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Opinion: What the rest of the world realizes about prosecuting former presidents

Editor’s Note: Arick Wierson is an Emmy Award-winning television producer and former senior media adviser to former New York Mayor Michael Bloomberg. He advises corporate clients on communications and political strategies in the United States, Africa and Latin America. Follow him on Twitter @ArickWierson. Read more opinion on CNN.


Ever since last Saturday when former President Donald Trump predicted on his own social media outlet that he would be arrested the following Tuesday — a prediction that has yet to come to fruition — the entirety of the American media and political firmament quickly jumped from so-called “indictment watch” to all out “fever pitch” as it began contemplating the myriad implications of a former President of the United States being indicted and facing possible felony prosecution.

 Arick Wierson

Over the past week, some commentators have appeared gobsmacked by the unprecedented nature of this turn of events for the twice-impeached former president.

But really?

The idea of prosecuting a former head of state is actually a fairly normal occurrence in the course of a functioning democracy — just not one that has transpired in this country.

Since 2000, in over 75 countries around the world, according to Axios research, heads of state who left office have been prosecuted or jailed — including in vibrant and strong democracies like Israel, France and South Korea.

Israeli Prime Minister Benjamin Netanyahu has been defending himself against charges of fraud, breach of trust and taking bribes for nearly three years and former Israeli Prime Minister Ehud Olmert was released from prison in 2017 after serving two-thirds of a 27-month sentence for fraud.

Back in 2021, France’s former President Nicolas Sarkozy was found guilty of illegal campaign financing and received a one-year jail sentence. And in that same year, former South Korean President Park Geun-hye was released from prison after serving nearly five years following a corruption conviction.

Israeli Prime Minister Benjamin Netanyahu speaks with his lawyer inside a courtroom in Jerusalem on May 24, 2020, during the first day of his corruption trial.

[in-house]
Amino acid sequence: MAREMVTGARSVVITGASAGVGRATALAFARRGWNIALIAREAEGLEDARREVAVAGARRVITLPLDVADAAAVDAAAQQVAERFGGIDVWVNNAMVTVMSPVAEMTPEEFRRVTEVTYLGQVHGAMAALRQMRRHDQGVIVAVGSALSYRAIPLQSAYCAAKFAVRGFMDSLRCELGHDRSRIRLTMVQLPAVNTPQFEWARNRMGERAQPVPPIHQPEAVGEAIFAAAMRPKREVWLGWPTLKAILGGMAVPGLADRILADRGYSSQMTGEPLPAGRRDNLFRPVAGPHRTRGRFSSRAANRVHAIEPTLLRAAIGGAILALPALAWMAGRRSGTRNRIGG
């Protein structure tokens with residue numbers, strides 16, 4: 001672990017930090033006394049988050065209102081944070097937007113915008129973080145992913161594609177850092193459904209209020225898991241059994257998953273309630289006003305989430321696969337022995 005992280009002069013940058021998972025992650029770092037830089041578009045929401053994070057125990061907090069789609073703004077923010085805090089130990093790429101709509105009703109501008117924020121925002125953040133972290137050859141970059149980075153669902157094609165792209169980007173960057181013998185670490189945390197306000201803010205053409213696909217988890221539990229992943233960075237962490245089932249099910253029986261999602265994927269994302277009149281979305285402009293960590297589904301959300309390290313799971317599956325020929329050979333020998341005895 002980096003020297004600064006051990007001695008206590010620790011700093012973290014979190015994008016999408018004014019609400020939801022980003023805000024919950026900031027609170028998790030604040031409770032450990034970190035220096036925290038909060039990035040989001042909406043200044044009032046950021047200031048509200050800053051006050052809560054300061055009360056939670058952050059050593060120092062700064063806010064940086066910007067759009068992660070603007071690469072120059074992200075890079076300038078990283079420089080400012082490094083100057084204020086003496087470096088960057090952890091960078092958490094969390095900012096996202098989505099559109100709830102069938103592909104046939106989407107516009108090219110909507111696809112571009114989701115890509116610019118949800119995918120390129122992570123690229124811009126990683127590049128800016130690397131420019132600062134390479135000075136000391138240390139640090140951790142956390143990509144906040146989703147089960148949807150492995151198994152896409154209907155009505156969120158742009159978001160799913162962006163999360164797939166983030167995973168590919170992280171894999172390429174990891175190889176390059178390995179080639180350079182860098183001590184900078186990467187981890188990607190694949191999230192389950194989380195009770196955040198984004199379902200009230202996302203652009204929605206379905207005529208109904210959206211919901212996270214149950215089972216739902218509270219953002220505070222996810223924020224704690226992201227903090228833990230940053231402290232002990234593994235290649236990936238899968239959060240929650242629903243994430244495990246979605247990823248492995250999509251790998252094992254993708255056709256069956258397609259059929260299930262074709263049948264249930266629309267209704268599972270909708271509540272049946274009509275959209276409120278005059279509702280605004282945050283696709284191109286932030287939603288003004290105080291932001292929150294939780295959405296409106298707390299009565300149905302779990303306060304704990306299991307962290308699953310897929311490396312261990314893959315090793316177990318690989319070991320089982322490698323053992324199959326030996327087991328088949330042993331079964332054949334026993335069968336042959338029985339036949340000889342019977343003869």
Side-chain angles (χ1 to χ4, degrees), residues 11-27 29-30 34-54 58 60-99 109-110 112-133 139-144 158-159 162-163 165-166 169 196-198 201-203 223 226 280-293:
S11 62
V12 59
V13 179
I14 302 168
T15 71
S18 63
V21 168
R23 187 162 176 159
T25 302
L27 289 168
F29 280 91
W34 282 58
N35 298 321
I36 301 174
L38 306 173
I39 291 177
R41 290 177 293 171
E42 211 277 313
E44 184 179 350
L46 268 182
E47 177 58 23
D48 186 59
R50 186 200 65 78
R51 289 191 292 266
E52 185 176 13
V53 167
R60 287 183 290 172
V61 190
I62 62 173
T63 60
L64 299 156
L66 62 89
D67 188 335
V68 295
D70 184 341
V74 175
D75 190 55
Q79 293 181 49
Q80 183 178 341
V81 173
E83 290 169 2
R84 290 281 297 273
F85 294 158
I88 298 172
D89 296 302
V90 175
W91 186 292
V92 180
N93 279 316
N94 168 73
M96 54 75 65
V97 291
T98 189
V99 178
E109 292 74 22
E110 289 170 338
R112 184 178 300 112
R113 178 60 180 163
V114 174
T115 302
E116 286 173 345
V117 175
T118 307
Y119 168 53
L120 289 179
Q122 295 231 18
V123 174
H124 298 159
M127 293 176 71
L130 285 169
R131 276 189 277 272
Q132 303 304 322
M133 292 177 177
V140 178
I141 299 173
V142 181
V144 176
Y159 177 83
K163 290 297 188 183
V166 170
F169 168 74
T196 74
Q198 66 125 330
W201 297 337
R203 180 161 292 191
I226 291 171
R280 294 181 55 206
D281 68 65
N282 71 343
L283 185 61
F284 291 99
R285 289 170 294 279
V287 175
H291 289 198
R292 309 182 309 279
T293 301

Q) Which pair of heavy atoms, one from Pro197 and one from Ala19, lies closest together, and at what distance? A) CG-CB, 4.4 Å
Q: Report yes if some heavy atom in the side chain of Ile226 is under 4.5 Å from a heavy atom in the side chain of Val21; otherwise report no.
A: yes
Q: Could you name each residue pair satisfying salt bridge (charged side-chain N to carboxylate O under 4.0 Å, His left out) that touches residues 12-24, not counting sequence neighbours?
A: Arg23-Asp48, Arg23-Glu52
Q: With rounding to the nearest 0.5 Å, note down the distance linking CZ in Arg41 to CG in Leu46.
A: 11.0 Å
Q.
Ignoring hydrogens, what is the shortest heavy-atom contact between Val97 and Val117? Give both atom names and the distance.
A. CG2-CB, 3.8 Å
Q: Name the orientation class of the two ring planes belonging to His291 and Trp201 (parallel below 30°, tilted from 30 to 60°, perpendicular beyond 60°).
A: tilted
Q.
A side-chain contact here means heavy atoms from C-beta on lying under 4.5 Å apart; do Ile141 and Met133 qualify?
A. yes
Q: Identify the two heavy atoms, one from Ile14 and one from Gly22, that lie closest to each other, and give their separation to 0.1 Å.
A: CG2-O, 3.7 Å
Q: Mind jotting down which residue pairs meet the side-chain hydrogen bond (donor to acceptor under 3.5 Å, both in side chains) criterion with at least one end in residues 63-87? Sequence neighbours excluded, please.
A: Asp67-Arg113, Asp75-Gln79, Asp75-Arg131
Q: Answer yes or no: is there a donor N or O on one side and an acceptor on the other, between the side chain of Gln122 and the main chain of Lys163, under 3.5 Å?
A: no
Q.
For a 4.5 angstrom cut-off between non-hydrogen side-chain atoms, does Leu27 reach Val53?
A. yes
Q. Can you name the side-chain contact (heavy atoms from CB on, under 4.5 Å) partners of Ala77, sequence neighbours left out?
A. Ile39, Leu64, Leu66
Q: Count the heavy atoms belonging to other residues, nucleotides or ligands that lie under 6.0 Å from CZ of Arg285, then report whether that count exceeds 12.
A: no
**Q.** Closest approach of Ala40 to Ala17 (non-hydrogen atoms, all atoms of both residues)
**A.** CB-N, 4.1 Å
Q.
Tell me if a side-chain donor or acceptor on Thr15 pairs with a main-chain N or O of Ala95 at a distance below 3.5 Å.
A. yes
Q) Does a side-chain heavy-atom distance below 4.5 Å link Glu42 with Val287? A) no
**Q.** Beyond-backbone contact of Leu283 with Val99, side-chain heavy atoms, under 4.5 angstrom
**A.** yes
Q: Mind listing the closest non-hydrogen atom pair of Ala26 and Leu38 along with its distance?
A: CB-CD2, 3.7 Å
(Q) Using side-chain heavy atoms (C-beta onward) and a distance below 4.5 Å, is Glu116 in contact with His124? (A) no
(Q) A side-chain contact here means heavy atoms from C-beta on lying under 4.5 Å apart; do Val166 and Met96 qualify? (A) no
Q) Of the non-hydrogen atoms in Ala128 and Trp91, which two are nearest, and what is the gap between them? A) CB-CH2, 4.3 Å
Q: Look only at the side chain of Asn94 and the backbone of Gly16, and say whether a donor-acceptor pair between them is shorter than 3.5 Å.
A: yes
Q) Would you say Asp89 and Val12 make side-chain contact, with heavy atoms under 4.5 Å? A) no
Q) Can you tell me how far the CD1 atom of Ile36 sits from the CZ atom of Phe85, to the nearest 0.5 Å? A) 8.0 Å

Former French President Nicolas Sarkozy leaves court after being found guilty of corruption and influence-peddling on March 1, 2021, in Paris.

In 2019, then former Brazilian President Luiz Inácio Lula da Silva was released from prison after serving a year and a half of a 12-year corruption sentence — and went on to successfully win back the presidency in 2022. In fact, there are plenty of recent cases involving the prosecution and jailing of former Latin America leaders. Take Peru for example where all but one of its former presidents since 1985 has been arrested or charged with criminal offenses.

Whether it’s former South African President Jacob Zuma or Taiwan’s former President Chen Shui-bian or Malaysia’s former Prime Minister Najib Razak — across the globe, former leaders are regularly prosecuted, convicted and given time behind bars for offenses stemming from corrupt business dealings, elections hijinks, or misdeeds that occurred while serving in office.

Prosecuting a former leader for wrongdoing isn’t sand in the gears of democracy; it’s a feature that keeps in check future leaders and reassures a nation that no one person, no matter his or her rank and influence, is above the law nor immunized from accountability.

America needs to take a deep breath and realize that if Manhattan District Attorney Alvin Bragg ends up prosecuting Trump in the case relating to hush money payments to adult-film star Stormy Daniels in the run-up to the 2016 presidential election, it won’t be the end of the world.

Nor will the sky begin falling if Fulton County District Attorney Fani Willis ends up charging the former president with racketeering and conspiracy charges related to Trump’s attempt to overturn his 2020 loss in the state. Or if Special Counsel Jack Smith ends up prosecuting Trump for any number of alleged offenses he committed either during or after his time in office. We don’t know if Trump will be charged in any of these investigations but if he is, American democracy will not only be OK, it will be stronger as a result.

America has already had its share of presidential public corruption scandals. From the imbroglio surrounding Ulysses Grant’s Whiskey Ring in the late 19th century to Warren Harding’s infamous Teapot Dome Scandal of the early 1920s to Richard Nixon’s role in Watergate and Ronald Reagan’s involvement in the Iran-Contra affair — US presidents have often found themselves in the crosshairs of the justice system, and in many cases their close aides ended up serving time in prison.

In each of these cases, however, the president himself was spared prosecution, which ended up, over time, creating something of a mythos — entirely separate from the Constitution — that prosecuting or jailing a former president was overly divisive or unbecoming of the world’s most powerful nation.

But now it’s time for Americans to make peace with the fact that for every remarkable president that we have been fortunate to have leading us through times of war and uncertainty, occasionally, like any other country on earth, we will get a bad apple in the White House.

And using the powers of the justice system to hold these bad actors to account is not only called for — it will actually strengthen Americans’ belief in our justice system. And, as presaged in the opening line of our own Constitution, it will put our nation one step closer to becoming a more perfect union.

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